600 Group PLC (LON:SIXH) is the topic of conversation when Hardman and Co’s Analyst Paul Singer caught up with DirectorsTalk for an exclusive interview
Q1: I wanted to talk to you about 600 Group, first off, can you tell us about the group and what they do?
A1: 600 Group was established in 1980, the company is essentially a designer and manufacturer of industrial products, its key focus is machine tools, related components and laser marking and the US represents around 65% of group sales. The company has a strong global brand recognition with, as a key differentiator, the provision of high service and customer support. I think the company is well regarded and is well positioned within highly competitive and fragmented industries where generally barriers to entry are low.
Q2: So, what are the strategic objectives?
A2: The principal objectives are to develop its individual businesses through delivering products and services that meet or exceed the requirements of end-user customers in terms of lead times and quality standards. The company will continue to pursue an active approach no new product development and fostering relationships with its supply chain partners.
The company is also in the process of undertaking design-led cost reduction activities to maintain and improve its competitiveness on a global basis. The Group also, more importantly, plans to expand its footprint with improved distribution and through selected acquisitions and joint ventures especially in the higher growth industrial lasers systems market.
Q3: What are the fundamental prospects for the Group?
A3: At this moment in time, they are very positive. Growth is primarily driven by the global economy and the machine tool industry with, as I said before, around 65% sales ultimately derived from the US. As I’m sure you’re aware, most investment commentators are suggesting that the global economy will see some sort of synchronised growth across both the developed and the developing markets over the medium term, especially from China.
As far as 600 Group are concerned, conditions in the US economy remain healthy which is obviously good for them. Monetary policies in the US are still supportive although we will likely see higher interest rates but they’re still relatively low and indications from China are that we’ll continue to see healthy growth in the market albeit perhaps at a slighter slower rate than from a historical perspective.
So, from a general economic standpoint, conditions are favourable. From a company perspective, growth will be driven primarily in the laser marking division and its business in laser marking technology is superior to the competitive ink jet marking as it can operate on a continuous high-speed basis and doesn’t require any consumables like ink.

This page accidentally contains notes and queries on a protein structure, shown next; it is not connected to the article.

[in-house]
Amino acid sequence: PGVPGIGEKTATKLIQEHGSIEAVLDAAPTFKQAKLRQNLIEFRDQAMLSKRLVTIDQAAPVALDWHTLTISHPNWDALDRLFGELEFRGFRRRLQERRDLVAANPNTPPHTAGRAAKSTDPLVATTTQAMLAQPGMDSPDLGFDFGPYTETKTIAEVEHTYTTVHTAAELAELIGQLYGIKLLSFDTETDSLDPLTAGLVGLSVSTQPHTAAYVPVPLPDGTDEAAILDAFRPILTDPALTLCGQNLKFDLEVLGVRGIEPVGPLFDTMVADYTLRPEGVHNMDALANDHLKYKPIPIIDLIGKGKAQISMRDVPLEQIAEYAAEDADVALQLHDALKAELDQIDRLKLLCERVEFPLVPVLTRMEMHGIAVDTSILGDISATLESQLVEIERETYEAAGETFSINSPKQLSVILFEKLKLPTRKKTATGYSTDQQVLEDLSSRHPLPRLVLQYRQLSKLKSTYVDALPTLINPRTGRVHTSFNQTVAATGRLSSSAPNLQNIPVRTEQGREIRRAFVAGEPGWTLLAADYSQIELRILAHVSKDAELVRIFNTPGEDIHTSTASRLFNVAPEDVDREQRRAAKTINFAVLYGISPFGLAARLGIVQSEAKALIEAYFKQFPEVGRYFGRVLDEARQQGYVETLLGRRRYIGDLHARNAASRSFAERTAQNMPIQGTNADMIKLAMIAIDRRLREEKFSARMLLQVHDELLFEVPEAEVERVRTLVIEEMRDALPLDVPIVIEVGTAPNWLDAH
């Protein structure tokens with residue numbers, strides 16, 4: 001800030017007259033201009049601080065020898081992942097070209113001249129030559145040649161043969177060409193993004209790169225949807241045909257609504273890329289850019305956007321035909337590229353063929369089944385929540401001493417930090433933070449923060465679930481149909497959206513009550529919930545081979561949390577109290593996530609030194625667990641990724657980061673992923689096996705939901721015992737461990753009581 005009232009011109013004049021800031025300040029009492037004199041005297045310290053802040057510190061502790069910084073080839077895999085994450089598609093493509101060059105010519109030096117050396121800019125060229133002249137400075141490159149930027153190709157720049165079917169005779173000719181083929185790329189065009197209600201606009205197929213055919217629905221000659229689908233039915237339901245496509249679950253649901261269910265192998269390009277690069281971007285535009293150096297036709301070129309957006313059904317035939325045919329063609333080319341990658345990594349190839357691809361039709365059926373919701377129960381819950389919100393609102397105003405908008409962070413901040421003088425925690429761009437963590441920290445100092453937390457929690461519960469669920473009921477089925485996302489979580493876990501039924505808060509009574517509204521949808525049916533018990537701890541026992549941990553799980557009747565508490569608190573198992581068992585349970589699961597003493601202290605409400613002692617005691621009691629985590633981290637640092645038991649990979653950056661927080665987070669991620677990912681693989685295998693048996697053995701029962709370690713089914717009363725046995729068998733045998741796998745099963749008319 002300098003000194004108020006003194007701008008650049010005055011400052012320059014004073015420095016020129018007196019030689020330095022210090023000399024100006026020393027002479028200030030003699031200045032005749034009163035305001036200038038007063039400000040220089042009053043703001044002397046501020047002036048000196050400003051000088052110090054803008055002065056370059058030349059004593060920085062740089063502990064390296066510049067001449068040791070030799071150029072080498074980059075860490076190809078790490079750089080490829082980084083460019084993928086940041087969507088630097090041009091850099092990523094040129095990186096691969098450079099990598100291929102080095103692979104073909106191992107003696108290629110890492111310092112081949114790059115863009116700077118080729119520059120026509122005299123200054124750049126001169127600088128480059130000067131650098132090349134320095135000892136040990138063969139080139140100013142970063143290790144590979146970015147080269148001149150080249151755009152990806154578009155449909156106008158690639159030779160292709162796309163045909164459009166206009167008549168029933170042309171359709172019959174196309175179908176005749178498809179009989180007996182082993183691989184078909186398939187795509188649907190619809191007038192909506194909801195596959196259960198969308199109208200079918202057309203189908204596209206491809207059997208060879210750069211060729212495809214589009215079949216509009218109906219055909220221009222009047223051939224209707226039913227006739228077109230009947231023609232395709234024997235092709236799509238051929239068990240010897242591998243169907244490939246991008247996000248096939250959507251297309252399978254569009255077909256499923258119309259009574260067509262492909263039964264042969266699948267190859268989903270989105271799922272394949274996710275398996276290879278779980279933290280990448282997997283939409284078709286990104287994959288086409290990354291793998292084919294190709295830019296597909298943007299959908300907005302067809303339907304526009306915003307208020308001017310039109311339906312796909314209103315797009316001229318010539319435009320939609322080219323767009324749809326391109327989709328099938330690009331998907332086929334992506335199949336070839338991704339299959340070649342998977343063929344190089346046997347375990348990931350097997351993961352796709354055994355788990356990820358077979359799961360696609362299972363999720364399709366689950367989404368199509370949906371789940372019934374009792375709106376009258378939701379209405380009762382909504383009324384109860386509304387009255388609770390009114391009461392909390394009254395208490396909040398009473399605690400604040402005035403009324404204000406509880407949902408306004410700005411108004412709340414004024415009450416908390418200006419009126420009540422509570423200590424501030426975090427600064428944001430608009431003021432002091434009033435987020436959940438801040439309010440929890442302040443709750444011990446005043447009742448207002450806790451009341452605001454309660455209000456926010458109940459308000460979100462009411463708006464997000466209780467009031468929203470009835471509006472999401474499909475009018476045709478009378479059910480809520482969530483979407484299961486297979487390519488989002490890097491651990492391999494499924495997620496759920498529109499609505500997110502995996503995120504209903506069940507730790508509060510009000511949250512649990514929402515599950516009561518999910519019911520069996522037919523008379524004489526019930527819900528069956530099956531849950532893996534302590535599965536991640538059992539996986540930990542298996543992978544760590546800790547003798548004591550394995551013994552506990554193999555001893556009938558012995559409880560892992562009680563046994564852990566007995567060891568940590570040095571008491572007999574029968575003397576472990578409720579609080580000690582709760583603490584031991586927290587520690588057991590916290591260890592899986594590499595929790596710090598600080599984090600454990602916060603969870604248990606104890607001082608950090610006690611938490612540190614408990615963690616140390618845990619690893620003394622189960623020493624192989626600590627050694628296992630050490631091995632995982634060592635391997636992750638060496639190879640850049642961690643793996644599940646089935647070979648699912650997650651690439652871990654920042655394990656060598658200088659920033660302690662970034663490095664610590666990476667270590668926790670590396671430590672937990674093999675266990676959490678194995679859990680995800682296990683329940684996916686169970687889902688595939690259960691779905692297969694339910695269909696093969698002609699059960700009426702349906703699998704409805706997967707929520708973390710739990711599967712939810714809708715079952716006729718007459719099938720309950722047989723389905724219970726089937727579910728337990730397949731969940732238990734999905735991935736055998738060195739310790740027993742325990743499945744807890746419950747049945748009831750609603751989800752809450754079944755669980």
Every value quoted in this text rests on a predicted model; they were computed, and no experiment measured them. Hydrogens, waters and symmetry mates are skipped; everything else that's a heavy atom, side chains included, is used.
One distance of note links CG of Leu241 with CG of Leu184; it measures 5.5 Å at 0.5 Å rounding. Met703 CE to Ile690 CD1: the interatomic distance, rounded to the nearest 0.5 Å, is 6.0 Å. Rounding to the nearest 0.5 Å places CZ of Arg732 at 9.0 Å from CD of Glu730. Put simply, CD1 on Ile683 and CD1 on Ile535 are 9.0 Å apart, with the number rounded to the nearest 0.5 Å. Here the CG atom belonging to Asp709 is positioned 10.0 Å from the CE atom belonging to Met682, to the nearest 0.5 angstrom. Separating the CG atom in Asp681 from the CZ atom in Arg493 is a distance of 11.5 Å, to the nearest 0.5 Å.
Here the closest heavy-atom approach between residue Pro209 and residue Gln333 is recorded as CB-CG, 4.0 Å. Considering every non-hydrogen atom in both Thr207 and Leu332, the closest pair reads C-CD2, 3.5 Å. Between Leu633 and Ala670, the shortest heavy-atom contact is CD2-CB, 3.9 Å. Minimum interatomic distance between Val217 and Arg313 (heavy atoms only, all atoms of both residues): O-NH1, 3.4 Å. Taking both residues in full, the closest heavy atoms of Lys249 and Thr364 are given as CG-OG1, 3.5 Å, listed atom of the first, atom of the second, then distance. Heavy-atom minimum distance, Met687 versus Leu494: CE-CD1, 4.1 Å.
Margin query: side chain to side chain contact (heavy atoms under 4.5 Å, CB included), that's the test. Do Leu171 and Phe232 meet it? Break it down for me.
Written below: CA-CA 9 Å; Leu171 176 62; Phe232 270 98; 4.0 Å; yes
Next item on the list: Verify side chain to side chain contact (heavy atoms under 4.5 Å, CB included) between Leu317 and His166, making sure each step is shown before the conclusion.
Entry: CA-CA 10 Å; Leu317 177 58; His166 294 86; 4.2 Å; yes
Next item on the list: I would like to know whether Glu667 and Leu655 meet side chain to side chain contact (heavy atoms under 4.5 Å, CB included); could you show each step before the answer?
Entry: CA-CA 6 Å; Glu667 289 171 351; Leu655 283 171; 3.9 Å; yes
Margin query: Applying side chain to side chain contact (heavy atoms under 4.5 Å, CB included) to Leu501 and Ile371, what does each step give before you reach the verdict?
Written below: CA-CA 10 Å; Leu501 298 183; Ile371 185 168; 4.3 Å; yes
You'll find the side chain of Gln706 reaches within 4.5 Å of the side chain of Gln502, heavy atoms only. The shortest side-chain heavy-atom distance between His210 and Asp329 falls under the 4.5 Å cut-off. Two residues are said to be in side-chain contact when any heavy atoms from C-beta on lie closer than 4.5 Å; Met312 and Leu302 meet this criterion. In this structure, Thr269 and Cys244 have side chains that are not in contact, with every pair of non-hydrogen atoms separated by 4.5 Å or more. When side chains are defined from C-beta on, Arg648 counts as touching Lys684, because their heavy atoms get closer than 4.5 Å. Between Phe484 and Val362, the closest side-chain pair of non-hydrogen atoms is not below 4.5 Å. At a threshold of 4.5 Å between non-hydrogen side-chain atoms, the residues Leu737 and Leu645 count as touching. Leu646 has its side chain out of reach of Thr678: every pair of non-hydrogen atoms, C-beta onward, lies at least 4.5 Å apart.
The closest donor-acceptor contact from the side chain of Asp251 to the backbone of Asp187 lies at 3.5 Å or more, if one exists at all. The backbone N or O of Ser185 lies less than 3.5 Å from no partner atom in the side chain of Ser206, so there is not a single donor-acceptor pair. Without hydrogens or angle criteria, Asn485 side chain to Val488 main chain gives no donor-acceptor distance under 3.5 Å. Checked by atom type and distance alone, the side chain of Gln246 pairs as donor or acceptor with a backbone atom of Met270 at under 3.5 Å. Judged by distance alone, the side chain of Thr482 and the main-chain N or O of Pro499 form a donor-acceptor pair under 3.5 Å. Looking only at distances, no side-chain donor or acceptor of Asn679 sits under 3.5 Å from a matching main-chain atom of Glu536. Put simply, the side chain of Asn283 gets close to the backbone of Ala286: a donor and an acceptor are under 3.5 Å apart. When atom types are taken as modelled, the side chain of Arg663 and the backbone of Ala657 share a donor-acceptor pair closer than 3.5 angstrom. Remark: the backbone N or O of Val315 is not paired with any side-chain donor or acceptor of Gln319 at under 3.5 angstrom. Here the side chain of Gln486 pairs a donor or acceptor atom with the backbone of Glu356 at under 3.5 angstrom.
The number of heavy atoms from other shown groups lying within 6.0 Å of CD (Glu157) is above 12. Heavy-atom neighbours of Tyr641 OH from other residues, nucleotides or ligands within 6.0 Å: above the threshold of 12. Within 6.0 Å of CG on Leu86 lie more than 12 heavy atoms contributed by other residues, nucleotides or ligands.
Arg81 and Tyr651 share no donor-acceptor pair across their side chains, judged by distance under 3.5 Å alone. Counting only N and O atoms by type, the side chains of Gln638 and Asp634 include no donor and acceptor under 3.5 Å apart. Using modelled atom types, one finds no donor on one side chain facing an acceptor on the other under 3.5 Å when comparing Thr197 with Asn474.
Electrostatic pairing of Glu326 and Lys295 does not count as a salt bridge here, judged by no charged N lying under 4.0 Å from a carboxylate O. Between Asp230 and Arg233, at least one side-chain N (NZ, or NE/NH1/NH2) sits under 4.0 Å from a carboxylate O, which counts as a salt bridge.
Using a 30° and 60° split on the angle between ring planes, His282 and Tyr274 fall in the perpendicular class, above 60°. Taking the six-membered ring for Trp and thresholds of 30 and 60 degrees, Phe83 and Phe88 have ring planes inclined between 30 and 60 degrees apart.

So, the fundamentals in summary, I think the fundamental prospects for the Group are very positive for the medium to longer term.
Q4: What are your forecasts for the Group? Are there any pension issues and is there a prospect for dividends?
A4: Firstly, I think our forecasts suggest that the Group will see sales growth of around 7-8% per annum which will be led by the industrial laser business which would see growth close to 10% and we see, in the near-term, underlying EBIT attaining about £3.7 million with margins close to 7%. The company does have a net debt position at the end of March 2017, it was £13.6 million, we see that declining to around £10.6m in the current year and expect that declining trend to continue.
Equally important, from a financial perspective, is that the Group’s pension fund, unlike many other companies, is in surplus to the value of just over £12 million so that’s a very positive factor from a financial perspective.
You asked a question on the dividend. As you know, the Group has not paid a dividend since March 2004 as management has believe it’s better retain earnings for the deployment in the business. I do think if the Group is able to secure a cash refund owing to the pension fund surplus then subsequent to paying off any its debt, we are in a scenario of the possibility of restoration of the dividend or special dividend payment. Our current forecasts do not suggest a dividend payment in the near-term unless the Group can attain a cash refund owing to the pension fund surplus.
Q5: So, would you say then that the shares are attractively valued?
A5: Certainly, as we look at several methodologies when valuing companies, on the traditional methodologies, enterprise value to sales and enterprise valuation to EBITDA. 600 Group’s valuation is attractive, currently we have them trading on EV to sales and EV to EBITDA ratios of 0.6 or 7.3/7.4 times respectively, which compared with sector averages of 1 times and close to 8 times respectively. On the perspective 2018 PE, the multiple is just under 8 times which is most attractive compared to the UK market.
Interestingly on that point, in the sector, in 2016, one of 600 Group’s competitors was acquired and the transaction value came in at over 10 times EBITDA over 15 times EBIT and close to 2 times sales. So, on that basis, the Group is most attractively valued. Just supporting that, we do run a DCF model and we have significant upside to the current share price on that basis as well.
So, in summary, we think that the shares are very attractively valued.